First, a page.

Whether you live near a city or in the country, you've likely seen plane contrails, or vapor trails, in the sky. While we usually think of them as being streeks of white, occasionally they appear in different colors. It's just not usually visible to the human eye. India-based photographer Soumyadeep Mukherjee managed to capture this sight in a series of stunning photos.
Mukherjee went out with the intention of snapping pictures of the ISS transit of the sun. However, due to some unexpected clouds blocking the sun, he was forced to abandon that plan. That was when he photographed something even more amazing. “On July 19, I was able to capture one of my dream shots,” Mukherjee tells My Modern Met. “This phenomenon is considered to be extremely rare in countries like India, and I might be the first person to capture this in the country.” The colors in plane contrails are due to individual water droplets diffracting sunlight. When the droplets are equal in size, they diffract colored light in the same direction, which in turn makes the hues visible to humans.
Each image is actually a composite of seven individual images captured over a period of 40 seconds. As a result, each photo depicts the changes in the iridescent colors and shape of the plane contrail. “I was actually photographing sundog (another optical phenomenon) at 150mm when I saw an airplane in the field of view,” he continues. “I quickly zoomed my lens at 600mm and was very surprised to see some colors on the contrail.”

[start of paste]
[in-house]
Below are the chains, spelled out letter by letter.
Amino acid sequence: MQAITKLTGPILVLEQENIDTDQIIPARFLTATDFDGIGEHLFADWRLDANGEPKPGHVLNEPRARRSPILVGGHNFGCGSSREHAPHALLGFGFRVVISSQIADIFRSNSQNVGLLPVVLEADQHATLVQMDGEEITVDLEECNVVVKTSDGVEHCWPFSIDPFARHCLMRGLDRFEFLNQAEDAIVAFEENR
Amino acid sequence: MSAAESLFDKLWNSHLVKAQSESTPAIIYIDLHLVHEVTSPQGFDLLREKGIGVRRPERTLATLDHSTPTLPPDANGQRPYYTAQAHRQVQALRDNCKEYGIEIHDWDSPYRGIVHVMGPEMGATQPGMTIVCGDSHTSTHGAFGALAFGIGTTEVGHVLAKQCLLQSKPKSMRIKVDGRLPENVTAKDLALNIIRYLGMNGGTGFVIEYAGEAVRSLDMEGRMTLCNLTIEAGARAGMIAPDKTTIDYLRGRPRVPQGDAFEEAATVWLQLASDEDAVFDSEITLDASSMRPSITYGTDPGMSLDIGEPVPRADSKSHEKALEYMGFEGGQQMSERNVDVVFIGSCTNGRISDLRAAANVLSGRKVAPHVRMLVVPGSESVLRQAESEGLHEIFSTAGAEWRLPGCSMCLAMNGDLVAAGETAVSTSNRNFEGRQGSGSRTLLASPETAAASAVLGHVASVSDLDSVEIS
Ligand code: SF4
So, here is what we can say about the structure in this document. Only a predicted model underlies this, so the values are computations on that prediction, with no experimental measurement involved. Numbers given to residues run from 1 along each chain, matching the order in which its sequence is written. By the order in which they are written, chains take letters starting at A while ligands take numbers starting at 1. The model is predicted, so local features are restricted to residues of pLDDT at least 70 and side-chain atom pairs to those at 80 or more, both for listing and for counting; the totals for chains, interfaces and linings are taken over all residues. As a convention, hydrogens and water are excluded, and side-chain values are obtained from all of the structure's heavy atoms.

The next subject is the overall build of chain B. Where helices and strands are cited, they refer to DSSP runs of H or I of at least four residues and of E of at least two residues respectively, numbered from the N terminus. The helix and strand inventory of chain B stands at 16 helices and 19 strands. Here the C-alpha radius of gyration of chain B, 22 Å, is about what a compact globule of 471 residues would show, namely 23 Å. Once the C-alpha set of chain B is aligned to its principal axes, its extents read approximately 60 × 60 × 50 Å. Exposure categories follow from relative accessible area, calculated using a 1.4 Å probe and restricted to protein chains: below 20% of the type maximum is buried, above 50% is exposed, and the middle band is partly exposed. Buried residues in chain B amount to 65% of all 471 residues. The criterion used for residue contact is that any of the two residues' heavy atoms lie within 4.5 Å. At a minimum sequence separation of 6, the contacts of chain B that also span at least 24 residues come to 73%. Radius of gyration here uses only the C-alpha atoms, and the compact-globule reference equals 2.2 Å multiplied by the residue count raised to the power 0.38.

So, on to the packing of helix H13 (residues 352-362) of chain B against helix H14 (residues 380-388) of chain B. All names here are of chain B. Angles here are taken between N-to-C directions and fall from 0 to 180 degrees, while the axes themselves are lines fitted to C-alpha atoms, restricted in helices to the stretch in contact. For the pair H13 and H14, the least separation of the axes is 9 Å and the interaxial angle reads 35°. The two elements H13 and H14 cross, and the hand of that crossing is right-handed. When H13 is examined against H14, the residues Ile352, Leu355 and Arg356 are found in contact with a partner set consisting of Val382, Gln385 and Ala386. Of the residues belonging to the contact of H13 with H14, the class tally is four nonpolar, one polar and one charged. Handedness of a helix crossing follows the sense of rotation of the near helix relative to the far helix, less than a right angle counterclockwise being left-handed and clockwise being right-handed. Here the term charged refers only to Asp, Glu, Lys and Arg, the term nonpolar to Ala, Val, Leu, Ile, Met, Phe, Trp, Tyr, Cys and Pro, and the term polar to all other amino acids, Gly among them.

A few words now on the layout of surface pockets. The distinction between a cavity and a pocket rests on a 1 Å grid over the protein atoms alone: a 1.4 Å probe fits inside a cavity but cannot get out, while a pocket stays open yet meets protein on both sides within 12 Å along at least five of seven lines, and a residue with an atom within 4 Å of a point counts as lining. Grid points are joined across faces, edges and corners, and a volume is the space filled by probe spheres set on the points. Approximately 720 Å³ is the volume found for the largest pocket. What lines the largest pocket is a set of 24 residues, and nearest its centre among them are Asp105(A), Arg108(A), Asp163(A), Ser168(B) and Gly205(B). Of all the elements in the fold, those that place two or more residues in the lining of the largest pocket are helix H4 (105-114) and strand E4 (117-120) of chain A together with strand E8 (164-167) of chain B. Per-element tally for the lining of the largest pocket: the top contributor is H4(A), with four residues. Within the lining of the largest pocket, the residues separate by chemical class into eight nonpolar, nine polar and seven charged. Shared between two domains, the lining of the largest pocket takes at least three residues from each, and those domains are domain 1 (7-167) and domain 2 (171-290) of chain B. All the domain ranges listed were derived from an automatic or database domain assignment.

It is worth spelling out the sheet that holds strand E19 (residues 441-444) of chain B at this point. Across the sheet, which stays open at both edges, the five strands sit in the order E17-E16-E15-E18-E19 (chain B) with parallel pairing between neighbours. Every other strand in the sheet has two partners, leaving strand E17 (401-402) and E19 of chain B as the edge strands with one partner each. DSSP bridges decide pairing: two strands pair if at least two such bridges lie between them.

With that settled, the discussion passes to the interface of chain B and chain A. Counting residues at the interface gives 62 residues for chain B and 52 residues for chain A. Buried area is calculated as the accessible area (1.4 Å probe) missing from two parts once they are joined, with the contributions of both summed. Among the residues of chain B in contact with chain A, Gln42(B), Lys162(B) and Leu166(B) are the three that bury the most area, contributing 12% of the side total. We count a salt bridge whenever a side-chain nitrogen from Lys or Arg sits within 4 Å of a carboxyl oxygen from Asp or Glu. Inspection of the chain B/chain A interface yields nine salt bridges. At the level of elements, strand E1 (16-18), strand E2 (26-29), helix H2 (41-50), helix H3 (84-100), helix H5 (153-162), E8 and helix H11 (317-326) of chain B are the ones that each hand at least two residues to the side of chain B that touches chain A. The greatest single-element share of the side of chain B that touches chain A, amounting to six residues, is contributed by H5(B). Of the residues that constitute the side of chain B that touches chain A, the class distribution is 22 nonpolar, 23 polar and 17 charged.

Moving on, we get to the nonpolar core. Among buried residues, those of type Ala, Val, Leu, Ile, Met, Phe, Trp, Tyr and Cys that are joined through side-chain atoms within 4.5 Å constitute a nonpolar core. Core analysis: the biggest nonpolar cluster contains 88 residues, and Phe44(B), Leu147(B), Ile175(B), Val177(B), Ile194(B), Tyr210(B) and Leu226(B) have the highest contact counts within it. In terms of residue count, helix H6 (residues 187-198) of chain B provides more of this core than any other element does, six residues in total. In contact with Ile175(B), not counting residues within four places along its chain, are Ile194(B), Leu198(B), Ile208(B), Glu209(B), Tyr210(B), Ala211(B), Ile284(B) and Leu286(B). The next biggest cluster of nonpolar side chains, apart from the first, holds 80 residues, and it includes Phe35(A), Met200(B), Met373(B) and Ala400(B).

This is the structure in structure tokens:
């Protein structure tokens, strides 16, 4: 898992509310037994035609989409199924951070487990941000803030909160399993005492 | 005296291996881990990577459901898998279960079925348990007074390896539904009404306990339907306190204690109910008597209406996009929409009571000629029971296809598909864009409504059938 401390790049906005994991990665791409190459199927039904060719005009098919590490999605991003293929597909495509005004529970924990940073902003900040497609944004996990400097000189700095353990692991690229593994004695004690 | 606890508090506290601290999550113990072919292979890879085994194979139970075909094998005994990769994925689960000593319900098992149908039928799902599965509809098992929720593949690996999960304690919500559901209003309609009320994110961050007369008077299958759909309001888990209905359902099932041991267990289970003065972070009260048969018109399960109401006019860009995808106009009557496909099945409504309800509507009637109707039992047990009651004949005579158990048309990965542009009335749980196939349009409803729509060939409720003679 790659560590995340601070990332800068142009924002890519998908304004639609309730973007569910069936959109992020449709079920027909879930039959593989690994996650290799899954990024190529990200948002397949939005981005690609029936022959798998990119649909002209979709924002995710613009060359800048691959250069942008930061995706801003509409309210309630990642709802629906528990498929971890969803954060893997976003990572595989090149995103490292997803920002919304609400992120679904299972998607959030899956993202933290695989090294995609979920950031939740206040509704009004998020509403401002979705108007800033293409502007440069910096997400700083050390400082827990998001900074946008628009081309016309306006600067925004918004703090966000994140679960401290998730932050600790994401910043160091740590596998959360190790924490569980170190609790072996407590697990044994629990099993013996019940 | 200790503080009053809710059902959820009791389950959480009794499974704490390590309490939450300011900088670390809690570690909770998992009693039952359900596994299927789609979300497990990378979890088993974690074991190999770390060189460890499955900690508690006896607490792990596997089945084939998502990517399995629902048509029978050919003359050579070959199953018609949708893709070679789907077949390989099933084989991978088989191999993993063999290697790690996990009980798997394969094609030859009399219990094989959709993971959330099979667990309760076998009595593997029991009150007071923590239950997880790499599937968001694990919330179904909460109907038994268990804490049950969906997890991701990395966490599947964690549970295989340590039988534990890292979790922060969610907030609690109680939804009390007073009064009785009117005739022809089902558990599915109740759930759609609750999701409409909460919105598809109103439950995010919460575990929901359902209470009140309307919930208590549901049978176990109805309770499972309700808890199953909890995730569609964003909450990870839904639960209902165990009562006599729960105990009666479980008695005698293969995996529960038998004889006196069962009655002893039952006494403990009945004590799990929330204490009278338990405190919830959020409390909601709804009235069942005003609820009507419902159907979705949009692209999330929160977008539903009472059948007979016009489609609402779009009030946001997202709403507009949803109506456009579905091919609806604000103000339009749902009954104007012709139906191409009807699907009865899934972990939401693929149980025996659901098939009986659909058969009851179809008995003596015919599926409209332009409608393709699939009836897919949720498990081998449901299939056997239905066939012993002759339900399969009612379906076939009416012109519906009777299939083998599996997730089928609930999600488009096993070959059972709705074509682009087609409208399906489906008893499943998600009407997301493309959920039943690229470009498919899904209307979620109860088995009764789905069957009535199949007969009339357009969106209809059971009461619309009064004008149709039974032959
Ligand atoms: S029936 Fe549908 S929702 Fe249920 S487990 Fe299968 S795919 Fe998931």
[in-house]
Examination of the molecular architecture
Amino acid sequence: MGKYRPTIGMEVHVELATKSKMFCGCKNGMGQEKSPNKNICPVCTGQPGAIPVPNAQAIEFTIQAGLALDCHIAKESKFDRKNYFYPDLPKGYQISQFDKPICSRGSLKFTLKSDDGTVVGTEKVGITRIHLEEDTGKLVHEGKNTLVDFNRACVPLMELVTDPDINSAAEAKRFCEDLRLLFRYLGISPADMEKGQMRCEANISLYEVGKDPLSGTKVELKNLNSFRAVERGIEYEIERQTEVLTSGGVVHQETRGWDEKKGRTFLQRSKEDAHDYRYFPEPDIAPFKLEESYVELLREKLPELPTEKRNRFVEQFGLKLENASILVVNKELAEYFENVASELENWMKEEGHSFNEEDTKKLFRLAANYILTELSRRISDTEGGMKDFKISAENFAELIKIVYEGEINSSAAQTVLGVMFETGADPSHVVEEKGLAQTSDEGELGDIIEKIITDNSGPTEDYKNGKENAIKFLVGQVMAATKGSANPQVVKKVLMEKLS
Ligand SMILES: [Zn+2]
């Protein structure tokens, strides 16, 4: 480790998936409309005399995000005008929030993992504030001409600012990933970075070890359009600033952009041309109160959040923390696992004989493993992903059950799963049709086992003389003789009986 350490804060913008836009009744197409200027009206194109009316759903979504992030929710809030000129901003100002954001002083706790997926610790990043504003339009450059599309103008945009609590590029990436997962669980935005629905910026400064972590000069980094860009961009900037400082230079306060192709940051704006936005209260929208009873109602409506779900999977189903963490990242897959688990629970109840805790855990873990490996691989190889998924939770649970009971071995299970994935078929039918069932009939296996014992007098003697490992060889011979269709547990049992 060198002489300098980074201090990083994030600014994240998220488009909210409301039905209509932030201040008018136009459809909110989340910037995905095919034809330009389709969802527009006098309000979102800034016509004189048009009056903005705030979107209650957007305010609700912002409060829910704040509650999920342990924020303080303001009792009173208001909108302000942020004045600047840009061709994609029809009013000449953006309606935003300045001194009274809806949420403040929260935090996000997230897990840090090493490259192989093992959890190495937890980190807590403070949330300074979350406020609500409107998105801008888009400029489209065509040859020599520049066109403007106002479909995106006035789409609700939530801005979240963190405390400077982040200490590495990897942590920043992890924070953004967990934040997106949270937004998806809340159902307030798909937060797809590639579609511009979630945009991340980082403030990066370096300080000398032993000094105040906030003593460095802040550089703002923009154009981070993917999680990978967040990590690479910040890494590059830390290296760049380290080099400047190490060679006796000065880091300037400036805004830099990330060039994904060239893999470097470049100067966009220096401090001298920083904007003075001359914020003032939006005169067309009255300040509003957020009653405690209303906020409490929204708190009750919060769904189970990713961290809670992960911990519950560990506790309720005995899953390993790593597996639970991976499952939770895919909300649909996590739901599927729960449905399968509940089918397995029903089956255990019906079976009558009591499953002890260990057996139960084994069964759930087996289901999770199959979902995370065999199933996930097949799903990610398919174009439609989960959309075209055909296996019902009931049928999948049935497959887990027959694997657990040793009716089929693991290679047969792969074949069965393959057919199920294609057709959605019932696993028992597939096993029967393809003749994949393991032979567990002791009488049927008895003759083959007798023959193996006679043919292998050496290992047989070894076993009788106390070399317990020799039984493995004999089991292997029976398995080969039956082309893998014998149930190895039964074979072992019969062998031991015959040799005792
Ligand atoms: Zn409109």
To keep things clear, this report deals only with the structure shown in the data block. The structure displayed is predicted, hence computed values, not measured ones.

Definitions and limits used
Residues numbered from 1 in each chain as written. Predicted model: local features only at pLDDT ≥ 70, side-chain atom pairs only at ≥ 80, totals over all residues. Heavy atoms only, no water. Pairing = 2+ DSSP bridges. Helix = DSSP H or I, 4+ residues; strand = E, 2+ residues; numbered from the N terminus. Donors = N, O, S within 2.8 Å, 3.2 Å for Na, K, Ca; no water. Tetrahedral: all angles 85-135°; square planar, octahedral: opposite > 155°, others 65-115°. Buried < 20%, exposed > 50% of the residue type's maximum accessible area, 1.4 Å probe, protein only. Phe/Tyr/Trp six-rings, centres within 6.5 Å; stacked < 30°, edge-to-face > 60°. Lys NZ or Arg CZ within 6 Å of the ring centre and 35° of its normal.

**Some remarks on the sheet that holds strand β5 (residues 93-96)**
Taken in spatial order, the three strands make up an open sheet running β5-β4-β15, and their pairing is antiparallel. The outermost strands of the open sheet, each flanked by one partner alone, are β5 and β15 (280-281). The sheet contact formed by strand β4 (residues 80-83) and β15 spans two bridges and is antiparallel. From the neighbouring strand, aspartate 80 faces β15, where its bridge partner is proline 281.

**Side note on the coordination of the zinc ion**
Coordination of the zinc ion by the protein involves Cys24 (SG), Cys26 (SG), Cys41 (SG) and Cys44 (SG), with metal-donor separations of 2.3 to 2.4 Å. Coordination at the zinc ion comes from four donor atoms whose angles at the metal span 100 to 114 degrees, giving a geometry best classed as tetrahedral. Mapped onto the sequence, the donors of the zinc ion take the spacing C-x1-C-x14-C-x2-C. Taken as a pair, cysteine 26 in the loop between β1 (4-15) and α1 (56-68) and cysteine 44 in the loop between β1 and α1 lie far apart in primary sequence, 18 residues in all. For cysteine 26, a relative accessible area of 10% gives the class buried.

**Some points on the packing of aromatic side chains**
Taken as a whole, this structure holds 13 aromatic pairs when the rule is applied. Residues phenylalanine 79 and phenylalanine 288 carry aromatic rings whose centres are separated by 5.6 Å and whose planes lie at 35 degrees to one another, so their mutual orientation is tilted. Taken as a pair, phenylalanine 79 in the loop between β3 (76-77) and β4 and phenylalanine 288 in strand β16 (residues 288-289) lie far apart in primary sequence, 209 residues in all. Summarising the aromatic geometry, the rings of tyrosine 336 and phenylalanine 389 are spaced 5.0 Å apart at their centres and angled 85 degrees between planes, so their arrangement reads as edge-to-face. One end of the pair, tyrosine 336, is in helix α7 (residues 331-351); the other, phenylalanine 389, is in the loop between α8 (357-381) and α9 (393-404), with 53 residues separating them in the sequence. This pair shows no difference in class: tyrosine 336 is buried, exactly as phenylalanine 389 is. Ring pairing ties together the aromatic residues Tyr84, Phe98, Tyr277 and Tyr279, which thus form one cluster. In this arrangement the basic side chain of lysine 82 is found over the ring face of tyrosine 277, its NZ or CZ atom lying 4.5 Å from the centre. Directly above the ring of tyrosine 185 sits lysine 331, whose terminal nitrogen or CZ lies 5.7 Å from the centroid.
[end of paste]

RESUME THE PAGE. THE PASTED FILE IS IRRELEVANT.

Mukherjee elaborates that his location in Kolkata, India, makes it very rare to see contrail iridescence. “The colors were faint and not visible to naked eyes,” he says. “Had I not zoomed in with my camera, I would have missed it completely.” After capturing the images, Mukherjee brought them into Adobe Camera Raw and Adobe Photoshop to enhance the colors and arrange them together.
Scroll down to take a look at these mesmerizing images, and be sure to follow Mukherjee on Instagram to never miss an update.